DesertSnake From United States of America, joined Mar 2014, 1 posts, RR: 0 Posted (8 months 2 weeks 10 hours ago) and read 1863 times:
What buss format is used for the electronic interface on the Boeing 777 ie. 1553, USB, Custom Parallel, etc? Is there a Buss Mgt. controller to link multiple busses together or is there one Master Buss with the Flight controller Computer having assigned registers for each instrument that outputs it's data to? Having integrated many large systems, with lots of equipment outputing data for other computers/instruments to use, I know that there is always a need to make sure that all the instruments are behaving correctly - ie. rise time, pulse widths, signal cross talk, etc. Is there test ports (where test equipment is plugged into the buss)? How many are there and where are they located? Is there a test port located in the front landing gear "wheel well" - that is where fighter planes have a lot of their commonly used test connectors located?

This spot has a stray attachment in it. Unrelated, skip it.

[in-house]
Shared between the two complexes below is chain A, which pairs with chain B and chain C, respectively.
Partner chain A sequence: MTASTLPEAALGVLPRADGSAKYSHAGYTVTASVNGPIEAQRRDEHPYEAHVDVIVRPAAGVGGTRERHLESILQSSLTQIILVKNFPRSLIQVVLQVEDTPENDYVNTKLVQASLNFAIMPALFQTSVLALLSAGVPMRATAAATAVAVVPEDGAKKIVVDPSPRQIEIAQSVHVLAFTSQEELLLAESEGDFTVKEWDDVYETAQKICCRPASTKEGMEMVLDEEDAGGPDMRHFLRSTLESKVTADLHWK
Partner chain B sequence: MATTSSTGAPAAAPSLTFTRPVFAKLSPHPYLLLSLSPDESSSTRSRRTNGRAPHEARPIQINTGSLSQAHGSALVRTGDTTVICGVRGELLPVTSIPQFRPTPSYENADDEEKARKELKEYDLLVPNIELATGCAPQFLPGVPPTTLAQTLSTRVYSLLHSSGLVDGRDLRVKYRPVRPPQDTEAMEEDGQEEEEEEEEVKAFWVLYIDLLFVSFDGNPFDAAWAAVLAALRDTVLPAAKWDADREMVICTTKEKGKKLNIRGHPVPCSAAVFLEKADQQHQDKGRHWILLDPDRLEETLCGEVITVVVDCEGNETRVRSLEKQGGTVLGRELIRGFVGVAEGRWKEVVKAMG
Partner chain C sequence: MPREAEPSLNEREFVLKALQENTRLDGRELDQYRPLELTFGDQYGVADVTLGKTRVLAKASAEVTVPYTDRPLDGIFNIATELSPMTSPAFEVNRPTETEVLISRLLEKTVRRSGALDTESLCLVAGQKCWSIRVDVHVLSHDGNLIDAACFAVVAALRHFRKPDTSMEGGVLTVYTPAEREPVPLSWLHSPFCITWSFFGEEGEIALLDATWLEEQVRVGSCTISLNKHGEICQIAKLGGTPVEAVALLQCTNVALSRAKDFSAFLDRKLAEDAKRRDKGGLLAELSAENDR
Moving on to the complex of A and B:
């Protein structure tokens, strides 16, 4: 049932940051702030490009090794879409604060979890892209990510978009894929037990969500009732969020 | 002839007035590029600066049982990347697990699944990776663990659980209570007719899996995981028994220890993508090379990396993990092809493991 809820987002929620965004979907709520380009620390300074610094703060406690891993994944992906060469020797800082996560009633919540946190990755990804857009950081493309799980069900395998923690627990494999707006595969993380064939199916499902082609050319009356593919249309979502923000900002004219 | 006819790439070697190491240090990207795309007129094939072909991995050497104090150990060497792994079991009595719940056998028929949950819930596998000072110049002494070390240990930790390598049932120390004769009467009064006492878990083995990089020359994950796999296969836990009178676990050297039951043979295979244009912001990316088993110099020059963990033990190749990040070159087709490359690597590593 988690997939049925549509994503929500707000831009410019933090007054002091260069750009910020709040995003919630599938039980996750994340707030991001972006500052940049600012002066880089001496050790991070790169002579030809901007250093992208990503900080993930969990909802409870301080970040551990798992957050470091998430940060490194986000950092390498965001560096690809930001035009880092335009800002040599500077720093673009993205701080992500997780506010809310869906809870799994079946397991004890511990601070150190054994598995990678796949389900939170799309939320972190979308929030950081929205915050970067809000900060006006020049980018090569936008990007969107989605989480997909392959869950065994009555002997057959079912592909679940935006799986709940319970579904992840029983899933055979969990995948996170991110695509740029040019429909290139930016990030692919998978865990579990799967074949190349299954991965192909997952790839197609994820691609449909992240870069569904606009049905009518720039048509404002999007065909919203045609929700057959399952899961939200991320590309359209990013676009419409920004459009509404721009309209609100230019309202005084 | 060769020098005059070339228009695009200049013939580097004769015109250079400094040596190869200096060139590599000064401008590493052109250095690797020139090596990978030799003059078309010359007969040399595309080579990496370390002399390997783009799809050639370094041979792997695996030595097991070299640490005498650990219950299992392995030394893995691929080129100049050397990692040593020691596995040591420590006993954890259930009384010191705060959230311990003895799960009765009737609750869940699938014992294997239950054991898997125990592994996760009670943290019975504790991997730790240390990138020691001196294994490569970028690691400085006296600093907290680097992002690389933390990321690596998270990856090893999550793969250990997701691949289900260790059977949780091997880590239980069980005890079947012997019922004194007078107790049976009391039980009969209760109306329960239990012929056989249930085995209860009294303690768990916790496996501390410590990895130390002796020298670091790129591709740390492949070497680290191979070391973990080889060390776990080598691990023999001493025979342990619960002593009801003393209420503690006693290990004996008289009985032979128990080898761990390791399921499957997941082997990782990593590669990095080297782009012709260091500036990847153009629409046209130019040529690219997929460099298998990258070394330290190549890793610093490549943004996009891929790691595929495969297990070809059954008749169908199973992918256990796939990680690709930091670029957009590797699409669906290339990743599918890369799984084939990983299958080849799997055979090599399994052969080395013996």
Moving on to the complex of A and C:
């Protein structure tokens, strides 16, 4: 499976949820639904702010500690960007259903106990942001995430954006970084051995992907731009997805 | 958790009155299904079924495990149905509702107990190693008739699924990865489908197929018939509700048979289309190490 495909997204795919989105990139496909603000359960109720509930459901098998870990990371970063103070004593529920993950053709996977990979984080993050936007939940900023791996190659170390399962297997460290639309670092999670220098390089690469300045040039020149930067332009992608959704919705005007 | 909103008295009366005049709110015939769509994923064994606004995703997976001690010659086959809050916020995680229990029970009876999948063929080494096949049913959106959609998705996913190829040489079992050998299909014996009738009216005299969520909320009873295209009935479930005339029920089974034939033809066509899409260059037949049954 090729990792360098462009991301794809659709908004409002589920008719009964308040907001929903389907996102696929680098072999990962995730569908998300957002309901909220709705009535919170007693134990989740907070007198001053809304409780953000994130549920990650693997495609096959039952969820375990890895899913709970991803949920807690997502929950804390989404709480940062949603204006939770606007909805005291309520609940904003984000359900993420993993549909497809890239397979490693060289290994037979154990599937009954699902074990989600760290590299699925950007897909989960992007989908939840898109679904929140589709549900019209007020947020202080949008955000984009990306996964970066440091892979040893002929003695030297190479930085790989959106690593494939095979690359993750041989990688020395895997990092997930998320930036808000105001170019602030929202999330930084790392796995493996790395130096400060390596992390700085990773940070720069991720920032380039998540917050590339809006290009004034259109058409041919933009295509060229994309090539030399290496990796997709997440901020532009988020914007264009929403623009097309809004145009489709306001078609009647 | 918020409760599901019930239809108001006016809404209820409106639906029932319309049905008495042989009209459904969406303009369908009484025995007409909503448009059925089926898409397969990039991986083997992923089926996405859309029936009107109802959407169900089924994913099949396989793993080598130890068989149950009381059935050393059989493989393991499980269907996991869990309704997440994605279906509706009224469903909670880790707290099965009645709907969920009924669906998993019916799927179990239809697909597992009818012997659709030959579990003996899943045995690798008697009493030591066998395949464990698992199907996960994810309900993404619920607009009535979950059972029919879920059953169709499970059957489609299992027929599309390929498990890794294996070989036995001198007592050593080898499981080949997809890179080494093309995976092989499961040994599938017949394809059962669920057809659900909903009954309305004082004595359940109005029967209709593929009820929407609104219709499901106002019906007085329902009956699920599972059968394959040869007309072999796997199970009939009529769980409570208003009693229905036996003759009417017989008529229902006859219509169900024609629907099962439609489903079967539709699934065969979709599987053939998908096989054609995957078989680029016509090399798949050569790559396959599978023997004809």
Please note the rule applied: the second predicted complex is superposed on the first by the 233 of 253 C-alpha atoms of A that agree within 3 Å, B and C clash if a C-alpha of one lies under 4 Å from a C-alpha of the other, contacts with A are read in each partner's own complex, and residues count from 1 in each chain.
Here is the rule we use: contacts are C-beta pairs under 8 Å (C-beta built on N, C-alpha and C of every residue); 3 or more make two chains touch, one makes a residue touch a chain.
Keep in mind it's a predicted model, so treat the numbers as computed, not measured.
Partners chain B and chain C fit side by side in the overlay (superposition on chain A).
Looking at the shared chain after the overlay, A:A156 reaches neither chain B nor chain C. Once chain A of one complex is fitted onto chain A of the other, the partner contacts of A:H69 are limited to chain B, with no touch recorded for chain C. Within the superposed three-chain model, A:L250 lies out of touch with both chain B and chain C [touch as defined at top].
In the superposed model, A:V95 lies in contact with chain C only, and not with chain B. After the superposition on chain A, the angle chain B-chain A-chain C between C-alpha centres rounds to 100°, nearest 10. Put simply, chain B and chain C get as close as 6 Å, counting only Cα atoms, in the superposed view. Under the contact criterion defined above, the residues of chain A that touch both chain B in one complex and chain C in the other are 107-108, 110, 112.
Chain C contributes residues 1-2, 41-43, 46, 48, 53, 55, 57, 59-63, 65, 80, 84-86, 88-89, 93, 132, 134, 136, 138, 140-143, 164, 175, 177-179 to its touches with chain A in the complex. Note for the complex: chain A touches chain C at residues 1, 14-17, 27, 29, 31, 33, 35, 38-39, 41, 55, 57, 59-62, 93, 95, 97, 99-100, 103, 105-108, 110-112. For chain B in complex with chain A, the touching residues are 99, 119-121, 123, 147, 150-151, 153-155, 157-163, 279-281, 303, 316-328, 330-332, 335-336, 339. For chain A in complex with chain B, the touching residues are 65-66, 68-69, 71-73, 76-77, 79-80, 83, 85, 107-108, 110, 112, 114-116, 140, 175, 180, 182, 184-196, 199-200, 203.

Is there a piece of ground equipment plugged into that port before each flight, so that an equipment BIT is run?
Dalmd88 From United States of America, joined Jul 2000, 2602 posts, RR: 15
Reply 1, posted (8 months 2 weeks 8 hours ago) and read 1802 times:
It's a ARINC 629 dual data bus system. It is an upgrade from the single 429 system found on 767/757. I've never worked on the 777 much so I don't know much. I bet by today's computer standards it is pretty slow and limited. You have to remember it was originally built in the late 80's and early 90's. That being said it can handle what it needs to do. There is a port in the lower Electronics Bay compartment were you can plug in a terminal. I think it only functions while on the ground.
7seven7 From Hong Kong, joined Nov 2013, 11 posts, RR: 0
Reply 2, posted (8 months 2 weeks 2 hours ago) and read 1731 times:
As above - the main system is ARINC 629. There are many other data bus systems as well, being ARINC 429, 618 (VHF Comms), 453 (WRX and EGPWS) plus other ARINC and Analog systems. There's a Data Conversion Gateway Function for communication of systems and components that run on a different data bus.
A lof of the data you mention can be pulled from the MAT (Maintenance Access Terminal) located in the cockpit, which connects via Ethernet to the AIMS cabnet. Can be used on the ground or in flight. There's also a terminal access point in the cockpit so engineers can connect their laptops for further data and tests.